Click for da Vinci codices

23rd March 2007 at 00:00
The British Library can now offer virtual access to all the original Renaissance man's notes, reports Mark Chillingworth

British Library Turning the Pages 2.0 Leonardo da Vinci codices

British Library; Free; 12-plus

The Da Vinci Code, the bestselling novel by Dan Brown, reignited interest in Leonardo da Vinci, artist, sculptor, scientist, engineer and all-round Renaissance thinker. And key stage 3 history teachers can reap the benefits. Now, for the first time since the 15th century, the British Library and Microsoft have reunited Leonardo's Codex Arundel and Codex Leicester notebooks.

The codices are part of a new Turning the Pages virtual book application from the national library, Turning the Pages 2.0. Art, history and science teachers can use them to demonstrate the significant developments made in their subject areas during the Renaissance and by Leonardo.

The codices offer unique glimpses of his personal studies, which included anatomy, geology, gravity, flight and optics. Together they form 7,000 pages of notes (written backwards), drawings and ideas, some of which were 500 years ahead of his time.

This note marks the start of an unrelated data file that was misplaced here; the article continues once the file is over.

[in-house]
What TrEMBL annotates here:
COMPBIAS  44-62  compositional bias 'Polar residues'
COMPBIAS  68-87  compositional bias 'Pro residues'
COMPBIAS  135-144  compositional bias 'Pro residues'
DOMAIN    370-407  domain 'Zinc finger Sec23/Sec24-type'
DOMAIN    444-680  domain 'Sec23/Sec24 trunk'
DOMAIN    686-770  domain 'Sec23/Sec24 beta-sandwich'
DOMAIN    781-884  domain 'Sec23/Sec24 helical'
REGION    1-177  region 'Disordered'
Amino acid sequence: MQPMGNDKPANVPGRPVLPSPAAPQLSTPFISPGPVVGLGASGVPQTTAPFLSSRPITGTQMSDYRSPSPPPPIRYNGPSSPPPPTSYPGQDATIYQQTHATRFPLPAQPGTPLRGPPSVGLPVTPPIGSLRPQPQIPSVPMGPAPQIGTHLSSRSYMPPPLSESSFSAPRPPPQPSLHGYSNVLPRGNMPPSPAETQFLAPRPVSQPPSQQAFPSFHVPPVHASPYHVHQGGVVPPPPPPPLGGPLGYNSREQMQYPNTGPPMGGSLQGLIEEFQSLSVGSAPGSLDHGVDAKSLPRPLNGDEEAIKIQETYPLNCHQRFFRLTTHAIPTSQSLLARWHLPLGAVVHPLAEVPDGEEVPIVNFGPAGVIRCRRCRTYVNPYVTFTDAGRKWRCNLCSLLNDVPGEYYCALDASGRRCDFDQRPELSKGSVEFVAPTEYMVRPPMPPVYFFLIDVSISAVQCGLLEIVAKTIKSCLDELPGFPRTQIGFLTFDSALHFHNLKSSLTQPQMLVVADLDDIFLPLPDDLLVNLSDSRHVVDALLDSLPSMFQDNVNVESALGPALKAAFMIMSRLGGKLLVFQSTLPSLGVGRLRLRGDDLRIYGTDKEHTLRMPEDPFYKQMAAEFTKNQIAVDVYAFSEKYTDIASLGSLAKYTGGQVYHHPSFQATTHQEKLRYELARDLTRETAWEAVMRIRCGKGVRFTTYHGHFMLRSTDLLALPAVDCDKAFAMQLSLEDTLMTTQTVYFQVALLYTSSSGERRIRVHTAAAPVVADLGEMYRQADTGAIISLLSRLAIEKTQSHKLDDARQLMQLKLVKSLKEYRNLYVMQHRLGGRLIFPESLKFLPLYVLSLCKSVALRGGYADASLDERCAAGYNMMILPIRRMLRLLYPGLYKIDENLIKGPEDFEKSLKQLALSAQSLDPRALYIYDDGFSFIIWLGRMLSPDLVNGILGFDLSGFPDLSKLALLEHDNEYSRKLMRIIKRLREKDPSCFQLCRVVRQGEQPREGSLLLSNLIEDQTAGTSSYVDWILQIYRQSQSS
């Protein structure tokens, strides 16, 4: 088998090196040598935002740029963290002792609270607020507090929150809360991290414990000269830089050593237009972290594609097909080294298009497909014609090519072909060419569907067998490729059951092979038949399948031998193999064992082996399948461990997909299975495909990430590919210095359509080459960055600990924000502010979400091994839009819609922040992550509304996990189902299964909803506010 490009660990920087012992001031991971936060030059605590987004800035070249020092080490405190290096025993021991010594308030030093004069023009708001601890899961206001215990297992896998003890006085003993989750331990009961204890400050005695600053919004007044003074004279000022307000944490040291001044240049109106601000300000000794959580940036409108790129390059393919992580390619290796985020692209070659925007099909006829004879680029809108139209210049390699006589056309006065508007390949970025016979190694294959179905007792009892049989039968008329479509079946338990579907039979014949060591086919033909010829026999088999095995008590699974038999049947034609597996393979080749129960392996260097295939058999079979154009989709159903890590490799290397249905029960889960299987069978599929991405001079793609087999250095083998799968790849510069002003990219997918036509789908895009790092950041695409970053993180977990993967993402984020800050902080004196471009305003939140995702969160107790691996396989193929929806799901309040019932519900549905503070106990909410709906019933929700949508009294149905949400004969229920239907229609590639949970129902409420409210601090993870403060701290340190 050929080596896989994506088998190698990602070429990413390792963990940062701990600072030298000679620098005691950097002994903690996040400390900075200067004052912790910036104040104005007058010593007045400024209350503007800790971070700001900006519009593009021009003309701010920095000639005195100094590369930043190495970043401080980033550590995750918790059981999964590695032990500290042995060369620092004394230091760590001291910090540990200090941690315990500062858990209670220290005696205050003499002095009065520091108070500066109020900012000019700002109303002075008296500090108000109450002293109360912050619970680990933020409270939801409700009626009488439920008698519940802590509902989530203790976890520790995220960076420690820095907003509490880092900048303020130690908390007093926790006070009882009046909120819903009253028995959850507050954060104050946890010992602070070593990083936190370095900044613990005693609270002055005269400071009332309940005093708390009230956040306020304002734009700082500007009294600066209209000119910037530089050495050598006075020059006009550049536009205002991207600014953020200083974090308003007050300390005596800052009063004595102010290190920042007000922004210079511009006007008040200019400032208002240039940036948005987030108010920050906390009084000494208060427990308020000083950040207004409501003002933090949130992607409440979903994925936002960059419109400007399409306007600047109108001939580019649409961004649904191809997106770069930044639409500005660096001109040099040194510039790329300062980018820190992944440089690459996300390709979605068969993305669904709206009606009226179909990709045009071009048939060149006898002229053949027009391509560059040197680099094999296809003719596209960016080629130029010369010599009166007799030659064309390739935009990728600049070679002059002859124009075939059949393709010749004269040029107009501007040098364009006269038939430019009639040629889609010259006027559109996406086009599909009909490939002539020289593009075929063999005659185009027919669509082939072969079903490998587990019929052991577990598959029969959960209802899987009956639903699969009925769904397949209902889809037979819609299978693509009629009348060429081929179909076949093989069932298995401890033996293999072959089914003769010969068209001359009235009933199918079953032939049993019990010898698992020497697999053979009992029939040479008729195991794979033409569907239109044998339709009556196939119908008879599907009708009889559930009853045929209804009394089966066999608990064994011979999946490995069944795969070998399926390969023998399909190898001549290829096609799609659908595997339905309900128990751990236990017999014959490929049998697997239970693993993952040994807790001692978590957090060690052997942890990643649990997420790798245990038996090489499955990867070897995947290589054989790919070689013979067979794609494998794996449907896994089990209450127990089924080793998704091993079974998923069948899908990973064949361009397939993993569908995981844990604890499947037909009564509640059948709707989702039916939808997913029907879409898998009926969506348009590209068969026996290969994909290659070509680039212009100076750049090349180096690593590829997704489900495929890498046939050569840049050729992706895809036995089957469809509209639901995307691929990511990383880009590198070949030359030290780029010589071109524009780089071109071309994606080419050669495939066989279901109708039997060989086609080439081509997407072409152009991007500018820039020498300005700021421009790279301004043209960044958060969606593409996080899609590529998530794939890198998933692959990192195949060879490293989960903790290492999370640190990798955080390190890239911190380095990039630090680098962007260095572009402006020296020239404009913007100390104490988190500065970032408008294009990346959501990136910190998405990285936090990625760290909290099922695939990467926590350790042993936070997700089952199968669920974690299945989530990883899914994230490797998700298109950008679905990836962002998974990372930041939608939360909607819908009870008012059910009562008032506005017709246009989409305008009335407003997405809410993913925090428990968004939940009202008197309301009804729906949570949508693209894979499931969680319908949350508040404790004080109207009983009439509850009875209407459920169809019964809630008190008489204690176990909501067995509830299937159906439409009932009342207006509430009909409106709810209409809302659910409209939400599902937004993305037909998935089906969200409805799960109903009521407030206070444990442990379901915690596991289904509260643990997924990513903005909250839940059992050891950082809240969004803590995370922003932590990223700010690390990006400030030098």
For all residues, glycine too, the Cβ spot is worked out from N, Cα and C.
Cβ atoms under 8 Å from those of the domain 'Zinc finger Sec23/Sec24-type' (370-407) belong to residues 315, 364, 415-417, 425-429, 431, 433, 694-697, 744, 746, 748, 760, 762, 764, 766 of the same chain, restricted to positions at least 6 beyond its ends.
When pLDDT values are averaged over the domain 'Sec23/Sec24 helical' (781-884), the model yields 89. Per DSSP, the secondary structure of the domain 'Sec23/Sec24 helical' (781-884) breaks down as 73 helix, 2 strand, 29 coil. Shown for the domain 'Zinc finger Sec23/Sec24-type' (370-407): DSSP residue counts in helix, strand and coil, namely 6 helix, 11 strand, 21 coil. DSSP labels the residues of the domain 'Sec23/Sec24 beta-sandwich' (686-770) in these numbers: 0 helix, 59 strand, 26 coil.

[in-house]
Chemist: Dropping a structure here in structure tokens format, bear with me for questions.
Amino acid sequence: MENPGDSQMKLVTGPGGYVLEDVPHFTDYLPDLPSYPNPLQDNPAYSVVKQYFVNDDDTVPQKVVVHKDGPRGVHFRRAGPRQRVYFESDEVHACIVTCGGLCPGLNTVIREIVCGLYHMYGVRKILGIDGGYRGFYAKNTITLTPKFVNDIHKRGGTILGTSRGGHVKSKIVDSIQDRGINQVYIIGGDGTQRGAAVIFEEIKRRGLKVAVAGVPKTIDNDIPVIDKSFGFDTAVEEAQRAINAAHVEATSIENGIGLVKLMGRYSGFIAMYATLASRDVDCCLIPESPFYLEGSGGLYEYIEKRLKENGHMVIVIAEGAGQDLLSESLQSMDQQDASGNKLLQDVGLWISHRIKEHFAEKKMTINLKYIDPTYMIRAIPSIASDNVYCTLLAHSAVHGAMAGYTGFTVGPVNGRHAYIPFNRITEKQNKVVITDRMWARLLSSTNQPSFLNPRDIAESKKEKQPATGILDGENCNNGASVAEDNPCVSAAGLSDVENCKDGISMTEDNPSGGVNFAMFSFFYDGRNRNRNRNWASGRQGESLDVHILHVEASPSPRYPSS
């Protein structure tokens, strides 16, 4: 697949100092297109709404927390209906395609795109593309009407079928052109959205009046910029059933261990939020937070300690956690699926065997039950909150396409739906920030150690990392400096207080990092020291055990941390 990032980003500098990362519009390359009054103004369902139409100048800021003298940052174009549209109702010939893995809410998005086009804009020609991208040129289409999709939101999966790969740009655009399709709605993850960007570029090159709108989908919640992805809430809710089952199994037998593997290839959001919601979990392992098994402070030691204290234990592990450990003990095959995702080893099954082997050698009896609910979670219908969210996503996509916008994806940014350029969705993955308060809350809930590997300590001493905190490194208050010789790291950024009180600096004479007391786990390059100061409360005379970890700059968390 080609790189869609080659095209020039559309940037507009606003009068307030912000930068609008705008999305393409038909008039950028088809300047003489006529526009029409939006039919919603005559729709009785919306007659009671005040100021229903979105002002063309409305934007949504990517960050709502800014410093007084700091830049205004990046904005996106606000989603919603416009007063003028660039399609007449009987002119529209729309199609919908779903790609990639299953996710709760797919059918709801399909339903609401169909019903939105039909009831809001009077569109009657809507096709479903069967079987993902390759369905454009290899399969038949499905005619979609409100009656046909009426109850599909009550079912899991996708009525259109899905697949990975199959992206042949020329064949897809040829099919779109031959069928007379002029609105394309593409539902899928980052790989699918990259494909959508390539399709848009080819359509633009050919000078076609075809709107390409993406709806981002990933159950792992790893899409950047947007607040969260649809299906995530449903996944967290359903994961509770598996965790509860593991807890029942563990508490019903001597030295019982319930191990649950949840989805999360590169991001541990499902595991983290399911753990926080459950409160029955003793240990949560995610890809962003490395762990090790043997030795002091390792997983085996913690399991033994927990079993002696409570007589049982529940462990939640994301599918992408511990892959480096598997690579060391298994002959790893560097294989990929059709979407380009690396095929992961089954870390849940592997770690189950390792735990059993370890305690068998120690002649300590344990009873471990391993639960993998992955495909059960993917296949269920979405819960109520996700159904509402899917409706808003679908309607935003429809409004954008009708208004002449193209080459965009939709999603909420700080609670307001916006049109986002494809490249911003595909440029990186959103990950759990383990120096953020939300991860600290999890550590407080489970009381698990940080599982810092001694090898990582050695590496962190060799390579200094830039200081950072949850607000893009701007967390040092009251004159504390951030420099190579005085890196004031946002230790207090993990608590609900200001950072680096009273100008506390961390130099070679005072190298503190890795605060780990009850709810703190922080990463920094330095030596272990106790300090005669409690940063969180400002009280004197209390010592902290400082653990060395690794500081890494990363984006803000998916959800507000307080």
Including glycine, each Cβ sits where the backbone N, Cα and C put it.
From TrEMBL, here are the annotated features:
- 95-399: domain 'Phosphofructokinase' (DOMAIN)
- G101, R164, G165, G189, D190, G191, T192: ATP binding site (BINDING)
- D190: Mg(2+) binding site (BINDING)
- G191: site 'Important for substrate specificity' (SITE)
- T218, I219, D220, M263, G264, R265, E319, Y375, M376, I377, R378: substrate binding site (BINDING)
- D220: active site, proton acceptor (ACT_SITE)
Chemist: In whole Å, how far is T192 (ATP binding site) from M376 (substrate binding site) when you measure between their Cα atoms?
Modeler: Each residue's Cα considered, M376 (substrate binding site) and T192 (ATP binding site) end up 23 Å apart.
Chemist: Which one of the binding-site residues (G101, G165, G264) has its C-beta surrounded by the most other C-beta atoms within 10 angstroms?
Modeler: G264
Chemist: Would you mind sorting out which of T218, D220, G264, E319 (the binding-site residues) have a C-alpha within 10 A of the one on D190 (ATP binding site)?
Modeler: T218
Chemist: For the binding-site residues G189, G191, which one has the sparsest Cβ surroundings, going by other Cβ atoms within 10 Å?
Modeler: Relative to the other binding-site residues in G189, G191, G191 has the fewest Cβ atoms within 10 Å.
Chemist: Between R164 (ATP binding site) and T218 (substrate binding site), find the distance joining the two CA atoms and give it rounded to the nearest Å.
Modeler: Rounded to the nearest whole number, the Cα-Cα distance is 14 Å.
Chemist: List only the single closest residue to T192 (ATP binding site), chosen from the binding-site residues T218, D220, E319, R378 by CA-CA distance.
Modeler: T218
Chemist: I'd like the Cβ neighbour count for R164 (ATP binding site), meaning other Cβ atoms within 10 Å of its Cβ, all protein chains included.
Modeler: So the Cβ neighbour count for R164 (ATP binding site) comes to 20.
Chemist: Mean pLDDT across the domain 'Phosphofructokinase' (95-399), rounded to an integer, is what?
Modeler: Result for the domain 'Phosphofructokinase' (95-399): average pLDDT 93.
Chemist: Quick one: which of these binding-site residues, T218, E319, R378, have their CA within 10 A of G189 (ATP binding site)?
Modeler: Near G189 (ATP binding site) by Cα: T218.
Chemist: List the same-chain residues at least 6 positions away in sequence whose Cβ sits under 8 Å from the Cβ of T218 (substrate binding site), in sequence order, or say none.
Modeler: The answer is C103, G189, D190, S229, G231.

The British Library has used animation technology and high-quality scanning to turn the historic texts into virtual reality. The pages turn as real ones would and cast the same shadows.

The only major drawback is that you need Microsoft's new Vista system to access the Codex Leicester online: the text belongs to Bill Gates, the Microsoft founder, who has lent it to the British Library for digitisation in a bit of marketing-led philanthropy.

Codex Arundel, the British Library's own treasure, is available on the existing Turning the Pages application that non-Vista operating system computers can access (and which also offers manuscripts by Jane Austen and Lewis Carroll, among others).

The reunited da Vinci codices on Turning the Pages 2.0 are an intuitive and rewarding experience - simply click on to the "view book" button and a historic document is there on the screen.

There is a host of fun and practical tools below the codices for rotating the title, zooming in on page detail, and a mirror tool that reverses da Vinci's writing. Notes can be made within the application and shared with the class and the wider Turning the Pages user community

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